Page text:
MIDLAND - After all the talks of cuts, and after all the rallies, Midland College officials believe they have their budget.
On Tuesday, they approved a preliminary operating budget of $45,418,236 for this next year on Tuesday. The bad news is more than $3 million in state funding won't be around in 2011 and 2012.
That drop in funding has jeopardized the future's of MC's Veterinary Technology and Professional Pilot programs.
"We knew there were going to be casualties going into this and unfortunately there were a couple," Midland College President, Dr. Steve Thomas, said. "We started looking at those kinds of numbers that we would lose from the state. We realized we had some real work to do to try to balance our budget locally."
The Board of Trustees approved an increase in tuition and have eliminated multiple positions to try to save money but it wasn't enough.
The preliminary budget has both the Vet Tech and Pilot programs "sunseted."
"What sunset means is that we will go ahead and complete this next year with students currently enrolled so that they can complete their degree, but we won't enroll new students," Thomas said. "The net effect of that is we will close the program within the next 12 months to 18 months."
For the students who have fought for their programs for months, this news is disheartening.
"It's kind of disappointing," MC Vet Tech student, Katrina Walker, said. "We've put so much effort into it. I mean, some of us have put aside family to try and save this program that we think is worth saving."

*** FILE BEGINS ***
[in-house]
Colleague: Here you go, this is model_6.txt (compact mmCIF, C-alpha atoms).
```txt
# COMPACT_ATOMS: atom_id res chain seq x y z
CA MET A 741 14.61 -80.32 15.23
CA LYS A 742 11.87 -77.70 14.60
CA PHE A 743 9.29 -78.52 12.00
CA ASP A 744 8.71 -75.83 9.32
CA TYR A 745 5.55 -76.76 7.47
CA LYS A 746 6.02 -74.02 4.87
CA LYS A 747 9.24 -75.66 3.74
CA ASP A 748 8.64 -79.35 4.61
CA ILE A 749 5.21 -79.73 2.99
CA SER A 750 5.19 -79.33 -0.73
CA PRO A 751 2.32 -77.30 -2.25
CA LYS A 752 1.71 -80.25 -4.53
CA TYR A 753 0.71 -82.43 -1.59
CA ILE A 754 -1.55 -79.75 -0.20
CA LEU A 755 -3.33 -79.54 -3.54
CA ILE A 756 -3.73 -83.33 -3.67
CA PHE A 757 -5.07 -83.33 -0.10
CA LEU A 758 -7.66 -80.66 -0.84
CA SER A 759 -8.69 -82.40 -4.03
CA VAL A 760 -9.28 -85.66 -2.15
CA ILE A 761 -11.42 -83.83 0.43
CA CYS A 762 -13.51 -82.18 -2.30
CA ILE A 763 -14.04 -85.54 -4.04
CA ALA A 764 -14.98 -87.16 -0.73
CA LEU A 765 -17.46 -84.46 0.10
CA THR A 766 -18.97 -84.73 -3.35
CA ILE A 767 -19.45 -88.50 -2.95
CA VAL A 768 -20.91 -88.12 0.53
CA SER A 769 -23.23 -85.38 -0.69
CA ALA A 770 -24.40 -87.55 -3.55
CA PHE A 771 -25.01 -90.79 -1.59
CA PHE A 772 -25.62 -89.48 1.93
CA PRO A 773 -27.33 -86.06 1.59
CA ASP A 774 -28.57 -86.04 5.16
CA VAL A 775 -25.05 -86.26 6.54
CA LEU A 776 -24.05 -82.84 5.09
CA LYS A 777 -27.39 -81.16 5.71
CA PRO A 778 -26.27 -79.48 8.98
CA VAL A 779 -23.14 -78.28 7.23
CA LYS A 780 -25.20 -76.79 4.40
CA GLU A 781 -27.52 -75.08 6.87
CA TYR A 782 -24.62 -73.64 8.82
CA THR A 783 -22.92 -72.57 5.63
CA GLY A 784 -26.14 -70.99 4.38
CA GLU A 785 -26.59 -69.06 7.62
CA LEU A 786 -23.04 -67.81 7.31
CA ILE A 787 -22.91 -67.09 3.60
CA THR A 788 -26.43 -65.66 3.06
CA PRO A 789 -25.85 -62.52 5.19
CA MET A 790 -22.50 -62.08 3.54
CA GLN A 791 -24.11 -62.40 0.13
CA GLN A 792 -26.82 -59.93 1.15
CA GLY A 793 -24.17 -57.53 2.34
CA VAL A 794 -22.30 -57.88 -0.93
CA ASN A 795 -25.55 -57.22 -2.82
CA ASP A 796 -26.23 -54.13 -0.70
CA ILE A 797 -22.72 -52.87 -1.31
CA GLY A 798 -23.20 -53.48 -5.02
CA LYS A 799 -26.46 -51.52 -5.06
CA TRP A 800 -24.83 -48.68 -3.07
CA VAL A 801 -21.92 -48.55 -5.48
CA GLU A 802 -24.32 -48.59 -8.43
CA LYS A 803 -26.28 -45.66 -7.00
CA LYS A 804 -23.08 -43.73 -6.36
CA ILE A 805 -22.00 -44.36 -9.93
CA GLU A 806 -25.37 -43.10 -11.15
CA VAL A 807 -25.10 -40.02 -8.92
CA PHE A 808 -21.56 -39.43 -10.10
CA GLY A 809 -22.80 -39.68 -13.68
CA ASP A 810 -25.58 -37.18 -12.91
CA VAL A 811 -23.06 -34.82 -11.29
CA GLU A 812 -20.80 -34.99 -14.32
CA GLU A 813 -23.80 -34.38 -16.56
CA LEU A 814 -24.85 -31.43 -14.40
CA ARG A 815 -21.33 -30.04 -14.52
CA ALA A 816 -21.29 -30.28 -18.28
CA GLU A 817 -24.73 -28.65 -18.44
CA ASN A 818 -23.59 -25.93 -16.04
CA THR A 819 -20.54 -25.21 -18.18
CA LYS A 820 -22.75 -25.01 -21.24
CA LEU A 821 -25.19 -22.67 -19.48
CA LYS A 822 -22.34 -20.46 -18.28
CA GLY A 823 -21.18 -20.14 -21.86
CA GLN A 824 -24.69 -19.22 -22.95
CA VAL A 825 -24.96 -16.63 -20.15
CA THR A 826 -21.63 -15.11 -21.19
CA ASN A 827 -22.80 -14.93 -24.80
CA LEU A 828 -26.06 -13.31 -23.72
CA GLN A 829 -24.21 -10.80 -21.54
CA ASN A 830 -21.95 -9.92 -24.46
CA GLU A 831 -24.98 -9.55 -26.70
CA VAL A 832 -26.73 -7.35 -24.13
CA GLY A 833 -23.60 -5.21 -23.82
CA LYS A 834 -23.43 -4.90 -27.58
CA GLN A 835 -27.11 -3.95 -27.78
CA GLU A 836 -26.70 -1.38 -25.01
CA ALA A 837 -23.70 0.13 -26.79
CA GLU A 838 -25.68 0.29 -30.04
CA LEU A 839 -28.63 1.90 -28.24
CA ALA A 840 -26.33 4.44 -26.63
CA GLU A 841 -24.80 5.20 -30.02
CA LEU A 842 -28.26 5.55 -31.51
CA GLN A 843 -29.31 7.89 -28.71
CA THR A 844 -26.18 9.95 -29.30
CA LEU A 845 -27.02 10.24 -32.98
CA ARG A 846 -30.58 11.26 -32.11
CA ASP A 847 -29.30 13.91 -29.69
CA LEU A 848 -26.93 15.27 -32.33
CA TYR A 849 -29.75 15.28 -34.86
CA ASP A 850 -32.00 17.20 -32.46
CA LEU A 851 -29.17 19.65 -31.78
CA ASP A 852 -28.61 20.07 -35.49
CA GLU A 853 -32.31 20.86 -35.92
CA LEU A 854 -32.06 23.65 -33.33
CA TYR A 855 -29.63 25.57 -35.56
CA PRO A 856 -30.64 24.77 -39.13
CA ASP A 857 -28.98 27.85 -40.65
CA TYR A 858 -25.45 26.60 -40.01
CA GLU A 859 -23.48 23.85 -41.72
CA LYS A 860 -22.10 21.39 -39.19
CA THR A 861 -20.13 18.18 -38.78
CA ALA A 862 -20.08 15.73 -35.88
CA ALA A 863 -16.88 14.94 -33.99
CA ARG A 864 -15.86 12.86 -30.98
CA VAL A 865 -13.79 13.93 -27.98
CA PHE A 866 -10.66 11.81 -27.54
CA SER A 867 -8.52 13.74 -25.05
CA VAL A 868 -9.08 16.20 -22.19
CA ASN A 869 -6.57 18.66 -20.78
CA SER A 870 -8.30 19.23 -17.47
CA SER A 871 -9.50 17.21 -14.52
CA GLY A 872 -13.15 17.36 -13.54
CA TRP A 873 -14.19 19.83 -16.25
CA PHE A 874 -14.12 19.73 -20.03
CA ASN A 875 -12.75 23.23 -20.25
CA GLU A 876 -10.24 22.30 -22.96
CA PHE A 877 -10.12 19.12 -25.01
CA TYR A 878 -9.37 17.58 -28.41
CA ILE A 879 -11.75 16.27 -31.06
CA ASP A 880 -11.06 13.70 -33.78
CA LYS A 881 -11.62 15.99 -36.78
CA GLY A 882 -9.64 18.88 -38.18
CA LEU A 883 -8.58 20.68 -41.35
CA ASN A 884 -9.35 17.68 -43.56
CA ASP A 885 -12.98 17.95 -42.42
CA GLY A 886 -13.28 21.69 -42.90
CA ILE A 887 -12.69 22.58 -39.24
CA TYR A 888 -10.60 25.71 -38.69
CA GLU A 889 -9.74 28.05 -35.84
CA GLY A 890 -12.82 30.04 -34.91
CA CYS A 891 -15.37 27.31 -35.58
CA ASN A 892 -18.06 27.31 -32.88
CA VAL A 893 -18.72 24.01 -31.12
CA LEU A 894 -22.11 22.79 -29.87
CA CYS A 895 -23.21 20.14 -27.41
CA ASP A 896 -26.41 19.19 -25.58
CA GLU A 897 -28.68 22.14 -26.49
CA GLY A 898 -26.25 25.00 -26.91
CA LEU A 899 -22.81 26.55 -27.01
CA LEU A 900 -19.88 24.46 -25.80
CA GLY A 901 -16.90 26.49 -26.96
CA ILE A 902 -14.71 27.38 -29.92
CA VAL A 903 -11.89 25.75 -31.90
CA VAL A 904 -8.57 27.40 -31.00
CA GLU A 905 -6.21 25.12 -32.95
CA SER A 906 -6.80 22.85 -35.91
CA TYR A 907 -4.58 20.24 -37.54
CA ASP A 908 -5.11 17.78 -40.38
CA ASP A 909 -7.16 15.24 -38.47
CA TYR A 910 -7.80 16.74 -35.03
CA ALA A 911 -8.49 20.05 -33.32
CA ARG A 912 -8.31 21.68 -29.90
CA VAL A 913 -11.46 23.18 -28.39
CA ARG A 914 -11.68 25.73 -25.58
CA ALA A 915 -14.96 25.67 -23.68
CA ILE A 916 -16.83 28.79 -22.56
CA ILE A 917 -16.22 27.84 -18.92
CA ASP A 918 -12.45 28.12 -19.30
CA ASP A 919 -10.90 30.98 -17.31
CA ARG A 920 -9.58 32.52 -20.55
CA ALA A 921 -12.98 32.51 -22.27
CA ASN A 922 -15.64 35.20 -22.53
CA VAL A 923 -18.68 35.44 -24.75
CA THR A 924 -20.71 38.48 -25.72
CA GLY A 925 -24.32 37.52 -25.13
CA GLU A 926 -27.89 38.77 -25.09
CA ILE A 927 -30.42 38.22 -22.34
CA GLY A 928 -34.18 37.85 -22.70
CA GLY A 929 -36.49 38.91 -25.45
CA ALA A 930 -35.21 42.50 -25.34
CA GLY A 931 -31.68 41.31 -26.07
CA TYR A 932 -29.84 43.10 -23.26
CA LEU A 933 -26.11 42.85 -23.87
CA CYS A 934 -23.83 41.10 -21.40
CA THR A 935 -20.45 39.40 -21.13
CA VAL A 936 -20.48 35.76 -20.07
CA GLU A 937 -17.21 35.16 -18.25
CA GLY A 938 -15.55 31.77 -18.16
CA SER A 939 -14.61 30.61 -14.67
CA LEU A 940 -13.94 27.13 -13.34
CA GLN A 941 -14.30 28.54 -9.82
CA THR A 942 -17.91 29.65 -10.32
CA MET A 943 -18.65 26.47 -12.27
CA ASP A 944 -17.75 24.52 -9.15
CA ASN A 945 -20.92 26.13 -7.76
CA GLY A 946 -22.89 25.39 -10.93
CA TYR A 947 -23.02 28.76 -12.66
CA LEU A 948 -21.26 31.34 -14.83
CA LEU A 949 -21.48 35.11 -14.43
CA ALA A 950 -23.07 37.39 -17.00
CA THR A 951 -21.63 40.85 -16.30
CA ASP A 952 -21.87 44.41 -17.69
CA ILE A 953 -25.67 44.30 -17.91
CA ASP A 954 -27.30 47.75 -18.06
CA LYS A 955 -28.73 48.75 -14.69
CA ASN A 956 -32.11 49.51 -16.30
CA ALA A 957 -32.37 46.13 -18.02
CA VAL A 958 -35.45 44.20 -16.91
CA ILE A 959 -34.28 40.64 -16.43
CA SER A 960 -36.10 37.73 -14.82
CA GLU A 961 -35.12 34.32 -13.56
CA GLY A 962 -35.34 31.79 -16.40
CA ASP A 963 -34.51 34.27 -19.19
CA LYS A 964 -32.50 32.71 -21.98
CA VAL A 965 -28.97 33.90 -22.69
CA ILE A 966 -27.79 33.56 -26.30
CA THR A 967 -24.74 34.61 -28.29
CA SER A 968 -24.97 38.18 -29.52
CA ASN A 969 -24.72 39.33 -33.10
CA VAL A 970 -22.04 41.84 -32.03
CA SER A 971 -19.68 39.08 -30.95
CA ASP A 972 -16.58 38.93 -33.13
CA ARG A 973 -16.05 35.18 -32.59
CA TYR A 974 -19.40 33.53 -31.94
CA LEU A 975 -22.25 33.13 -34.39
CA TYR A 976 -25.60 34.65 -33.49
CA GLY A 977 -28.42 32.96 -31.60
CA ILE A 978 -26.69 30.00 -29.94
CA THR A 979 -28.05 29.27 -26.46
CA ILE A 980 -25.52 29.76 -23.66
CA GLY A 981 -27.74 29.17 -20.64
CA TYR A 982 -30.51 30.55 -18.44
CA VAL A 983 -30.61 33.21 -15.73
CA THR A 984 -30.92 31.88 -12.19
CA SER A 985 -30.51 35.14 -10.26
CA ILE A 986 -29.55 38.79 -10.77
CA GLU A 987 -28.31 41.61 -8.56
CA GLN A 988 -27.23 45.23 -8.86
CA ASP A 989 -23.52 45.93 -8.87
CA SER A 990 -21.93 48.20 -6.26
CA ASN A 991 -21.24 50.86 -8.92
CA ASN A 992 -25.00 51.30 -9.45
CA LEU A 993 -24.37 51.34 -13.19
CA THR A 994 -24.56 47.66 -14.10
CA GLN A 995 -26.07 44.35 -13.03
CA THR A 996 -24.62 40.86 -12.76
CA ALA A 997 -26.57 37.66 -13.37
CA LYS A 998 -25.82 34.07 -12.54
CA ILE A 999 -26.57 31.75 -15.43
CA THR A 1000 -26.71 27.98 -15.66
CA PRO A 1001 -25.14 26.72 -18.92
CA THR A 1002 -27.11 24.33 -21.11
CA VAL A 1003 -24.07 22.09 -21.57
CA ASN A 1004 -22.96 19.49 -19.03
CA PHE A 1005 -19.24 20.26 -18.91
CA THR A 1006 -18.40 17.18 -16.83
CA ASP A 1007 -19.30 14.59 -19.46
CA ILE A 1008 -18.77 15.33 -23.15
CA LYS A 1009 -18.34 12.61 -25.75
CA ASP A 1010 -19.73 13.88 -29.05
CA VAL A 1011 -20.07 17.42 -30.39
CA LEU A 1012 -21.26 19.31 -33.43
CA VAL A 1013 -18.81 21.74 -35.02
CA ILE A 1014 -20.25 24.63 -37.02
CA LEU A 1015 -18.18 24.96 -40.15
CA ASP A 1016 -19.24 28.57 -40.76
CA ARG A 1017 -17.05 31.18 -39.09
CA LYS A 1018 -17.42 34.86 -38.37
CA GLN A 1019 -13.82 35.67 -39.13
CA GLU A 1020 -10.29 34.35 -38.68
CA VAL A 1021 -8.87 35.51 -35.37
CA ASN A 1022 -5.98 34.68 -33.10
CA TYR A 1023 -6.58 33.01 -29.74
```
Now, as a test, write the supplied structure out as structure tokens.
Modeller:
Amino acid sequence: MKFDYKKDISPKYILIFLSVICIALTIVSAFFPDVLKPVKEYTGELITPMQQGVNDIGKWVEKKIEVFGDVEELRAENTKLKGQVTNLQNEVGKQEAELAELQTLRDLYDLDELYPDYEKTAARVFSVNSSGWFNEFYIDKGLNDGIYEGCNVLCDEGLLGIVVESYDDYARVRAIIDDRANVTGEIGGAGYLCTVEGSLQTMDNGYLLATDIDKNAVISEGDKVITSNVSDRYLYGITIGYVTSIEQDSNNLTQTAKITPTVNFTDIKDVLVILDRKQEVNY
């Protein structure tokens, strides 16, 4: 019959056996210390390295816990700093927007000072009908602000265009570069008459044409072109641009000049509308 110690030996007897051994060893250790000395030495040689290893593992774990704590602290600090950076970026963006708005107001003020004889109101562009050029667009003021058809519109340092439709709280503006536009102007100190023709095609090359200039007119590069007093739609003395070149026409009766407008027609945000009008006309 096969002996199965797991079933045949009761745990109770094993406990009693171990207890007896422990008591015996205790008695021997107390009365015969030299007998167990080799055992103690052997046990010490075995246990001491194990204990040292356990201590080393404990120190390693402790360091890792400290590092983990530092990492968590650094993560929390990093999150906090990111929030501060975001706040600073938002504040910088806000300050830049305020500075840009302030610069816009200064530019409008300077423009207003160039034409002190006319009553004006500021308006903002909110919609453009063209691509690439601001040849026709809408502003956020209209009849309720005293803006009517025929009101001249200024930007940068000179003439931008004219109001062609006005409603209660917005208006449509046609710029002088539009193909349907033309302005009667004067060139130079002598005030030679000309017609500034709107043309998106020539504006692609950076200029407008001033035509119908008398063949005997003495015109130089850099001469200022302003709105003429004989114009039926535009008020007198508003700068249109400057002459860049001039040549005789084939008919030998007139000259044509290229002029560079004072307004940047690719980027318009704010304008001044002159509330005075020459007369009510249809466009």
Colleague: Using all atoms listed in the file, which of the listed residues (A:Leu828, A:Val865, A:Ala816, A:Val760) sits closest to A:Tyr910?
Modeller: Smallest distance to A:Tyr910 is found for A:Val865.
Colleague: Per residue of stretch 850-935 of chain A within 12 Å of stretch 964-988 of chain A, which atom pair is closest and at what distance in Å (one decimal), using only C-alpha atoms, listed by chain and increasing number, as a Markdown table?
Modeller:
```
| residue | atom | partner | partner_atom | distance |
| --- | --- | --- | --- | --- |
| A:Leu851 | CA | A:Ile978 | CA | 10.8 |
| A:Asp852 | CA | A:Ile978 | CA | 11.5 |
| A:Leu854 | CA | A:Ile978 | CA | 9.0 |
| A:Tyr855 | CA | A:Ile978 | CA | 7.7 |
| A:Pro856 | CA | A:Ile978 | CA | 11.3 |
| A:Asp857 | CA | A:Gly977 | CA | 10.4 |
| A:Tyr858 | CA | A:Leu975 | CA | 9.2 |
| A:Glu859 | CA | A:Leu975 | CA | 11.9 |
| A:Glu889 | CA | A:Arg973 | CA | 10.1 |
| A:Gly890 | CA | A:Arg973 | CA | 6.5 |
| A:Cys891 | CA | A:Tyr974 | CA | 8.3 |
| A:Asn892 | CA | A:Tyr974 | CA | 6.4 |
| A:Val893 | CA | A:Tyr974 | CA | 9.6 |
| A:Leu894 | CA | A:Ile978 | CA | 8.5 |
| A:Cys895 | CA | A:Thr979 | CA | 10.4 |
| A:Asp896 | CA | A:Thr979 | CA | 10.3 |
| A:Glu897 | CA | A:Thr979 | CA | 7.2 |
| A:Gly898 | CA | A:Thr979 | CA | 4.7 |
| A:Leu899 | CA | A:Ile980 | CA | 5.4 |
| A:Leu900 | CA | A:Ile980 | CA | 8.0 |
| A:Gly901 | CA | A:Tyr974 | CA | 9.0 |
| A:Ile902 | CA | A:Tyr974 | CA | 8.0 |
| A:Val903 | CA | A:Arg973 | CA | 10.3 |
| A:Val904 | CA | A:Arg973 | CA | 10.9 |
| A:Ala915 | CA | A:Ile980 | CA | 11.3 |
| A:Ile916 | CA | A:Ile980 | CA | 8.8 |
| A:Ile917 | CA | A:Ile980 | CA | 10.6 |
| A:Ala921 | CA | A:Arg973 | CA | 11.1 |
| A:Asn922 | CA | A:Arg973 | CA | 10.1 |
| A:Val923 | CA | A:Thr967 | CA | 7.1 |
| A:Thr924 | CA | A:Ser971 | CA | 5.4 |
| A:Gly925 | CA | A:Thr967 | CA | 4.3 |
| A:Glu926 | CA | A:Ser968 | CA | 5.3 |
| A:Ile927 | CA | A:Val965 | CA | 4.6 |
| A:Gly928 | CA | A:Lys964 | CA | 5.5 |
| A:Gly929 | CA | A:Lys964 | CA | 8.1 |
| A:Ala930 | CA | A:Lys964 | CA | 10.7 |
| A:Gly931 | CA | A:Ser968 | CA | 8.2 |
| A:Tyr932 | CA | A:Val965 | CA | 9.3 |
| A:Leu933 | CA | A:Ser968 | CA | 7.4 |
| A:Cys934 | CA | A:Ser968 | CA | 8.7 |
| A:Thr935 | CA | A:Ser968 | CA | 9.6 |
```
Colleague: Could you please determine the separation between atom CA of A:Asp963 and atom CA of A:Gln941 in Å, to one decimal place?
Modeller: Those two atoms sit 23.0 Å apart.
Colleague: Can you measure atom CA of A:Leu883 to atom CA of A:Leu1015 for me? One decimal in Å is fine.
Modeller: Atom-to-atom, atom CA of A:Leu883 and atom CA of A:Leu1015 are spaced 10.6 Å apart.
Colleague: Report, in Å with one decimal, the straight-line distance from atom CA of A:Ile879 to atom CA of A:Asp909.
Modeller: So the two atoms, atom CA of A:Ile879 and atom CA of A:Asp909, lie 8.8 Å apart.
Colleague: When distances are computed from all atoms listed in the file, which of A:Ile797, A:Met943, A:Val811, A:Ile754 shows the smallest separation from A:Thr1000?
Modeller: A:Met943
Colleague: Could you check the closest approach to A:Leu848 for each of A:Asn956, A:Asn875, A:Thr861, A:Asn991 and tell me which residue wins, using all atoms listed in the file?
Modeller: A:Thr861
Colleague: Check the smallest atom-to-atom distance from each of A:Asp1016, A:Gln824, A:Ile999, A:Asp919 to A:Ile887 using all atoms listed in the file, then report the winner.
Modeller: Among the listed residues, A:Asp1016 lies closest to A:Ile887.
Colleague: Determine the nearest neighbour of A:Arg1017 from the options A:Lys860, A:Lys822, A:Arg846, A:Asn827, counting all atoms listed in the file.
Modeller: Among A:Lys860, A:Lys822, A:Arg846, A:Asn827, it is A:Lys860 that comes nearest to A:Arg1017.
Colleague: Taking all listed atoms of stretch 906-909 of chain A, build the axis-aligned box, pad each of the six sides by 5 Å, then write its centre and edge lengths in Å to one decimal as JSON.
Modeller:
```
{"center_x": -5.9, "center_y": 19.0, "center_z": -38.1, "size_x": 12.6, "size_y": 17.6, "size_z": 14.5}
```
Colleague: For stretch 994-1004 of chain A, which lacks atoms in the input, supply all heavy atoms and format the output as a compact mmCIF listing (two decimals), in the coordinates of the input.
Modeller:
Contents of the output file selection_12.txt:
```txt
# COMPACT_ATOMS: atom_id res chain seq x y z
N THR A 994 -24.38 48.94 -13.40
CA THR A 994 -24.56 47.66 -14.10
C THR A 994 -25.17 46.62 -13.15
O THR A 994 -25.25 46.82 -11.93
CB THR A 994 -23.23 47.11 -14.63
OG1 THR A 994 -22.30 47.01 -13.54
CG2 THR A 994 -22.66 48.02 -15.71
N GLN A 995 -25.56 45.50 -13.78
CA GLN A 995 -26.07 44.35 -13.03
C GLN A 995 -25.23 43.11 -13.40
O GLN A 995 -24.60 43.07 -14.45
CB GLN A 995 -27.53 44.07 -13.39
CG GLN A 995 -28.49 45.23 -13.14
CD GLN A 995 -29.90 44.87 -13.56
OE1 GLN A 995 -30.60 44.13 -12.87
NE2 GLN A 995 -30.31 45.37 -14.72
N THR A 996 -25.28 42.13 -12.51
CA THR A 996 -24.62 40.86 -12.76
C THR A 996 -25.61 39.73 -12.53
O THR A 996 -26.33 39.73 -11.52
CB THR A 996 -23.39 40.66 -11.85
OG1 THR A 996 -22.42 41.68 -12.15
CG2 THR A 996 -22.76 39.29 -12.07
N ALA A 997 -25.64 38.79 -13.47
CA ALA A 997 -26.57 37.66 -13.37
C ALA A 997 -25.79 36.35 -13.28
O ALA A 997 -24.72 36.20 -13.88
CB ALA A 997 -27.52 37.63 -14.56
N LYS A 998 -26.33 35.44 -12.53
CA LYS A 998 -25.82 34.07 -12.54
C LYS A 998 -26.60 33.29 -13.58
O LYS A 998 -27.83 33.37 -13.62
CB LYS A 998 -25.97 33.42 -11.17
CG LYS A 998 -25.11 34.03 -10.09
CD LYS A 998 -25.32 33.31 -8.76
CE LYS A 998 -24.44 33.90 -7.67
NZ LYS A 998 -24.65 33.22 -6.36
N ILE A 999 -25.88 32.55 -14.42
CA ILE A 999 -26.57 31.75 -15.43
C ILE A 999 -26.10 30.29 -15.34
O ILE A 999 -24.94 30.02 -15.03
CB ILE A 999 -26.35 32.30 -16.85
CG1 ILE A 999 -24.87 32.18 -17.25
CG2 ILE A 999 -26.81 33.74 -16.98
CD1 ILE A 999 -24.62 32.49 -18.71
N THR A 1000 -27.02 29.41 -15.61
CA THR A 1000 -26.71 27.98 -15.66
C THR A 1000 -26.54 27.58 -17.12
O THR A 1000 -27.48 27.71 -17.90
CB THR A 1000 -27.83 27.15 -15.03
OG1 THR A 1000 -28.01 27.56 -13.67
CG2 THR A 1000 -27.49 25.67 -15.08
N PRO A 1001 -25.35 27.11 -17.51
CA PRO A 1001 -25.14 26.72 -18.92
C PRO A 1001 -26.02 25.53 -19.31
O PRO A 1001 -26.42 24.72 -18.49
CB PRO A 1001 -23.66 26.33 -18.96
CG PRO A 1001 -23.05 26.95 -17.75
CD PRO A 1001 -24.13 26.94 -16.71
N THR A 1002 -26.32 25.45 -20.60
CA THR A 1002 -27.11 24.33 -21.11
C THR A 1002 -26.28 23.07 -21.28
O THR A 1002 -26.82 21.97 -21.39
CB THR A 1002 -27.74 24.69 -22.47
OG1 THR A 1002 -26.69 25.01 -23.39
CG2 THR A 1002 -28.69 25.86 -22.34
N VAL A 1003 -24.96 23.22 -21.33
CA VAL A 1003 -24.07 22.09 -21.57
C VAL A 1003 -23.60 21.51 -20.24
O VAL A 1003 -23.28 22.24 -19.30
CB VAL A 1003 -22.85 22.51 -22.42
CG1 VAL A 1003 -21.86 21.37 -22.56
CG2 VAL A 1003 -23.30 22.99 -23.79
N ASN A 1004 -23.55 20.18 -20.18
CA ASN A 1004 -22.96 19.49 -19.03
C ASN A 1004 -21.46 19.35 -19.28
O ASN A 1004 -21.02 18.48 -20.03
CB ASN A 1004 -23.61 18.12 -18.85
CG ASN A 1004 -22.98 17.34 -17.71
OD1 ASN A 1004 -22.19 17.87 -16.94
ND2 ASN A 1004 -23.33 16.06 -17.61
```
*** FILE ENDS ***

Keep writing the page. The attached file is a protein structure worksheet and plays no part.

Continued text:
School officials said the Vet Tech program wasn't producing enough graduates to meet educational standards, reportedly graduating less than five in the last three years.
Officials also said you don't need a mandatory license to be a vet tech in Texas, giving more strikes against the program.
Under enrollment and high expenses were blamed for sunsetting the Pilot program.
"Capital outlay, equipment, gasoline, all of those costs were so expensive," Thomas said.
But Vet Tech students are worried they won't have time in this last sunset year to finish their degrees.
"Some people may be dropping classes if they're not going to be able to continue the program," Walker said. "Possibly, the students who have been taking one or two classes at a time will have to cram everything into two semesters."
NewsWest 9 was also told that some are considering dropping out.
"Nobody that's going to drop out because they want to, but because they'll have to," Walker said. "Because their schedule will not meet the requirements of continuing the program."
Thomas said it isn't their choice to cut programs but that it has become a necessity with the lack of funding.
Other Vet Tech students e-mailed NewsWest 9 on Tuesday night saying they are at a loss, faced with either dropping out or moving hours away to another program.
That preliminary operating budget still requires final approval in August, but Thomas told NewsWest 9 he doesn't expect any changes to be made.